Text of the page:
“Are you okay?” No.

“What’s wrong?” I don’t know. I can’t explain it. Everything; and nothing at all.

When you look back at the turn of events, you realise it’s completely normal to feel a little out of control. Any sane person would feel out of their comfort zone with the increased demands and stress you’ve bared recently. And recognising that you need a little TLC is a positive step; you’ve identified you’re not okay, and you’re going to do something about it.

You talk to people. You immerse yourself in fun and healing activities with loved ones. You sleep. You focus on the positives. You allow yourself the space to be okay.

It will be okay.

Ode to Naomi Barnbaum

Tonight a dear friend sent me an article that resonates so strongly. It inextricably pinpoints exactly how I have, and continue to, feel on so many occasions. Gender equality – rather, gender inequalities – is a poignant constant that crops up in my everyday life, and it is an issue that I believe warrants more social attention. The following blog post by Naomi Branbaum sums it up so well; I feel as though I have experienced such similar scenarios and, like her, been labelled negatively for speaking up and out against this “norm”. Is this truly how we want our daughters to grow up?


” Our lives are full of shoulds. For women, these shoulds act as the hands that form and shape a lump of clay. Like clay being formed into something suddenly respected as art, we are pressed into behaviours that see us recognised as ladies. This pressing begins so young, and is so omnipresent, that it becomes an intuitive and unthinking framework for every interaction. Like how we’re so used to stepping out of others’ ways, deferring space. Like when we’re told to smile, deferring our faces.

When we start challenging these shoulds, it’s uncomfortable, it’s shocking and it’s scary – for us, and for others. These shoulds are in fact, compliance. Compliance with a world that wants to bind and conscribe our behaviours, voices, bodies and ambitions, veil them beneath manners, politeness and contentedness with the progress we have made from being the chattel of fathers and husbands.

‘You should write happier things,’ says my mother, worried about the emotional and societal implications of my ‘complaining’ all the time.

I have started watching for acts of everyday compliance – instances where I subsume my preferences or comfort for another’s. They’re everywhere. But this has become much more than proving that if I don’t move from the path of oncoming pedestrian traffic I’ll get shoulder-checked five times a day.

I understand now the myriad ways I have complied my entire life. I understand why a barely known middle-aged man rested his hand high on my seven year old thigh. Why a guy refused to wear a condom when he had sex with a friend of a friend. Why so many of us yield to accepting what is done to us even though it makes our blood chill. I understand that we have been moulded and pressed and shaped so that we are compliant and cannot resist. I need to push against the hands that want to form us into something prettier and nicer and quieter. I am trying harder and more consciously to be a non-compliant woman.

Since I started my micro-movement of non-compliance, I have been terrified of the consequences of pushing back. ‘You’re going to get punched in the face one day,’ my mother has oft said following a small act of perceived surliness or, as I like to call it, standing up for myself. I’ve been screamed at. Ridiculed. Glared at. But what I take these reactions to show is the genuine and deep-seated fear that men have when we challenge the expectation that we’ll comply.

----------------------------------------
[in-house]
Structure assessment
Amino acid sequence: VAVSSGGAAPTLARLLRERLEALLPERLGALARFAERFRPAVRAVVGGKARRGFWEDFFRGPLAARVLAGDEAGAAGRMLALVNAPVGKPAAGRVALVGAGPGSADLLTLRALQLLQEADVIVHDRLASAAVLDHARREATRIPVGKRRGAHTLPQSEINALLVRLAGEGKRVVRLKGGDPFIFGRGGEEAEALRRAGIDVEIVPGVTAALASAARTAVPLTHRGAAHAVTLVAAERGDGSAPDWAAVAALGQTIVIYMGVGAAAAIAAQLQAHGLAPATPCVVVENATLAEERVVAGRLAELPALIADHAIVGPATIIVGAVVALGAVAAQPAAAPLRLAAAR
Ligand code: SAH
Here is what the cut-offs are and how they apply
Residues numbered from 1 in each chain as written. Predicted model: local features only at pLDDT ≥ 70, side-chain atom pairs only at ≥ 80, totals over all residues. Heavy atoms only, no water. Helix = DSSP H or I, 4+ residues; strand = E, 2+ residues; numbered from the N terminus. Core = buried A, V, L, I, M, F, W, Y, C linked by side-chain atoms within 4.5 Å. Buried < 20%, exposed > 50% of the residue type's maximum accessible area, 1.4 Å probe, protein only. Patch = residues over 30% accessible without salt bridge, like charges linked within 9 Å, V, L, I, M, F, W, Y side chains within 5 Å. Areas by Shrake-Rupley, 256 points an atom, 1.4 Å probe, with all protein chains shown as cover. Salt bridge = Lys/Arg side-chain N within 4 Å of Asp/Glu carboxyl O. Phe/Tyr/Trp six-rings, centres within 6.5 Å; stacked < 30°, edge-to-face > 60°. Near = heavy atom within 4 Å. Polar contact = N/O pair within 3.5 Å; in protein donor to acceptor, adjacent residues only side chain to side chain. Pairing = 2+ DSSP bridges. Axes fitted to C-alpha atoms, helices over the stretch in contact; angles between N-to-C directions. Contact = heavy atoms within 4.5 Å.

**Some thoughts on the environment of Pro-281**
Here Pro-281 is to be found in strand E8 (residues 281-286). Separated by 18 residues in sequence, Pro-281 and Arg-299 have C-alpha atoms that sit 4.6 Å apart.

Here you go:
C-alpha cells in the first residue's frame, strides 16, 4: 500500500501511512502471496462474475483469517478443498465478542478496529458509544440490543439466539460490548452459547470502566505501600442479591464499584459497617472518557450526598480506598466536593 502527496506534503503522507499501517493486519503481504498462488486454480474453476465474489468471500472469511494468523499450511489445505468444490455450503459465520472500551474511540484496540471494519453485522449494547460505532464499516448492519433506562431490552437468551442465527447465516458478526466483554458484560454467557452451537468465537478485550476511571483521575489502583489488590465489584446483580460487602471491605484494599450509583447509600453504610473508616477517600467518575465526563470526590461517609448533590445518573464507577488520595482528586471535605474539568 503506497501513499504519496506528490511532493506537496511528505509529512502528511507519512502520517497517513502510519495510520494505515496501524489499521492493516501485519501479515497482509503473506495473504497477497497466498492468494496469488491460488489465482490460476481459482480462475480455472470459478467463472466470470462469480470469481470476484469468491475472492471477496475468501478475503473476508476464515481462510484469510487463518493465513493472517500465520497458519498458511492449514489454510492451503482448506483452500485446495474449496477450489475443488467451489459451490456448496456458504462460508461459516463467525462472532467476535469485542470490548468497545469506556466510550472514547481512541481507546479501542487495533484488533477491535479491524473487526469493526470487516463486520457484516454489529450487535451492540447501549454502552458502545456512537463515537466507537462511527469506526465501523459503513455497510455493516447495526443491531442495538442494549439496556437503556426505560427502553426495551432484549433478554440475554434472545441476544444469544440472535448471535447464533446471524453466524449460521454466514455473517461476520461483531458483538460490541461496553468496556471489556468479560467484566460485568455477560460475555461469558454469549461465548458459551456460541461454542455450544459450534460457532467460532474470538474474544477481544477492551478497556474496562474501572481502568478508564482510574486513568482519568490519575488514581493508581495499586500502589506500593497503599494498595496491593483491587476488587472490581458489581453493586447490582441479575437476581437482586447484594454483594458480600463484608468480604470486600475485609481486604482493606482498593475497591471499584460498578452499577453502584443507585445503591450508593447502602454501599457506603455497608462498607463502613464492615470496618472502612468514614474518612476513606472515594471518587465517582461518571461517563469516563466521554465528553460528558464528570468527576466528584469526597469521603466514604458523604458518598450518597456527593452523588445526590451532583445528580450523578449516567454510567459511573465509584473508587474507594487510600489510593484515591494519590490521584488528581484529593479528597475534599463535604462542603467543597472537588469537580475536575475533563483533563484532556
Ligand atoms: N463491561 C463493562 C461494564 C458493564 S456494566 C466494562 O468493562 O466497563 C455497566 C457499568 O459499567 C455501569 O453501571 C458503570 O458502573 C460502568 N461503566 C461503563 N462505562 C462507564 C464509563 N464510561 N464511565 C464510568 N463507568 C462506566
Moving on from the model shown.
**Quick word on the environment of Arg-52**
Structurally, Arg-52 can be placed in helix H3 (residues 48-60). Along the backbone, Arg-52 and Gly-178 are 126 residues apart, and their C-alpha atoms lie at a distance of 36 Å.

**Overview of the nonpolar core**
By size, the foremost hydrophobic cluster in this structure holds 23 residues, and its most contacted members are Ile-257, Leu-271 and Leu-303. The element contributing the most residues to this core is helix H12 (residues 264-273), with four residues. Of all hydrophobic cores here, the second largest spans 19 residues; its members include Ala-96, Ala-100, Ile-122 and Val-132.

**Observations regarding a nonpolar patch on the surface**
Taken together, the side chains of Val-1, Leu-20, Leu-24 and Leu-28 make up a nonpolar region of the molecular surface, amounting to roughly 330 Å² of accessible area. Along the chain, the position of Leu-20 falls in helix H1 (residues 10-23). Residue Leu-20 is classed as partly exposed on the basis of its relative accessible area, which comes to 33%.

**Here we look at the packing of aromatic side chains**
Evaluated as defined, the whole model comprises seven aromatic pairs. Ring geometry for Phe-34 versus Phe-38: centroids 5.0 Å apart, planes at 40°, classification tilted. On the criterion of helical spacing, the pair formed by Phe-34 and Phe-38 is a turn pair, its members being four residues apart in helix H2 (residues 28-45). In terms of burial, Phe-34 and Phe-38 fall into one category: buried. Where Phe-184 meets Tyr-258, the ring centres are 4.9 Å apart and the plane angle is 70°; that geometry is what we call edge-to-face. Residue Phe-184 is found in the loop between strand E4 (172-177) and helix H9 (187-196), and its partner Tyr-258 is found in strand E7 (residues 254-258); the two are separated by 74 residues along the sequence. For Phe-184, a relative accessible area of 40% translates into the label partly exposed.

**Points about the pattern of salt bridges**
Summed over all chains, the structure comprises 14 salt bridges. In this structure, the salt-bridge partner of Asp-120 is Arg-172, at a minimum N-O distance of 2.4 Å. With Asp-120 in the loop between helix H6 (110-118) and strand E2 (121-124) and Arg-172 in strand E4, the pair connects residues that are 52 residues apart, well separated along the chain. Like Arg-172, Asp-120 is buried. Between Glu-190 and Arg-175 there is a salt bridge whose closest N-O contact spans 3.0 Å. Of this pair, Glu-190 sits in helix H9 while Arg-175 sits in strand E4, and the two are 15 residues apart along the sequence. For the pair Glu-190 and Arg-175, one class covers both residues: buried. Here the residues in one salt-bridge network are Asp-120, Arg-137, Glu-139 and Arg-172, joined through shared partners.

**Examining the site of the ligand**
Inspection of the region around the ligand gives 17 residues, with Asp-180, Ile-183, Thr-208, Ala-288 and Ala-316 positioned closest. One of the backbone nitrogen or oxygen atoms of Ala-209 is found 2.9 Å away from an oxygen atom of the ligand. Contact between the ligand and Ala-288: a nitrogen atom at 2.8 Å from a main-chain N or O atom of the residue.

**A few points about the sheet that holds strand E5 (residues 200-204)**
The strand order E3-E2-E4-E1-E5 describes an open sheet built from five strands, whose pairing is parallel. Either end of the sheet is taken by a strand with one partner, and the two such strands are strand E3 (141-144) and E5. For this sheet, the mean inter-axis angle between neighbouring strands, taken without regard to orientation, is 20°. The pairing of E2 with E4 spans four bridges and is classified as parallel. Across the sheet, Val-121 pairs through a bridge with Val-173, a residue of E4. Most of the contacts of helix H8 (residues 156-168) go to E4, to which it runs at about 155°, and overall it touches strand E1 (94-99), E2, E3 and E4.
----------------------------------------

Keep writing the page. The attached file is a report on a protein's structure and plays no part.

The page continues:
Some examples:


I hadn’t seen him for a decade, yet every few years he’d crop up on messenger and just check in and say hi. Somehow, I would fold into myself and become 16 year old Naomi, on the cusp of her first heartbreak. Anxious to do everything right lest I made something go wrong. I was so eager for his approval. I was so eager to keep him happy and not upset him.

As each conversation ended and I morphed back into 30 year old Naomi, I’d feel sick afterwards. So unaccustomed to this role of subservience, of ego-stroking. Is this what it feels like, really, underneath all the superficial male-awarded affirmation, to be a cool girl? To comply?

So it went until he caught me on a day when I was grumpy, busy and NOT in the mood to listen to white boys playing four chords on the guitar and expecting me to swoon.

‘You’re still into music aren’t you,’ he asked. ‘Wanna listen to a song I recorded?’

‘No thank you,’ I said. ‘I would find it awkward. You know I’ve taken music seriously my entire life. I’ve performed professionally. For a brief moment it was going to be my career. I tend to want to offer constructive criticism. If you enjoy playing that’s great. You don’t need to know what I think to enjoy music and I’m worried that what I think won’t be what you want to hear.’

This honest response unleashed a flood of comments that I was a stuck up bitch with massive tickets on myself and that I was incredibly rude and by the way I was really unattractive.

I just really didn’t want to listen to him play the guitar.



‘You should get a job here!’ A smartly-dressed older man beamed at me.

I broke from the conversation I had been maintaining in my head while I waited in the queue to return his comments with an expression that said, ‘Huh?’

‘Here, at Priceline! You’d look gorgeous in their pink uniform.’

I looked down at my orange, undoubtedly food-splattered shirt and to the woman behind the counter wearing a pink blouse and a humiliated expression.

‘Pretty in pink! You should get a job here because you’d be pretty in pink!’

‘I have three degrees and an important government job. But I’ll throw all that away for the chance to be pretty in the uniform of your choosing.’

‘It was just a compliment! You don’t need to be sarcastic.’

I’m guessing the correct reaction was to laugh merrily and accept his gaze.



I was at a wedding, a handful of friends and I taking a break in the fresh air from the furious dancing.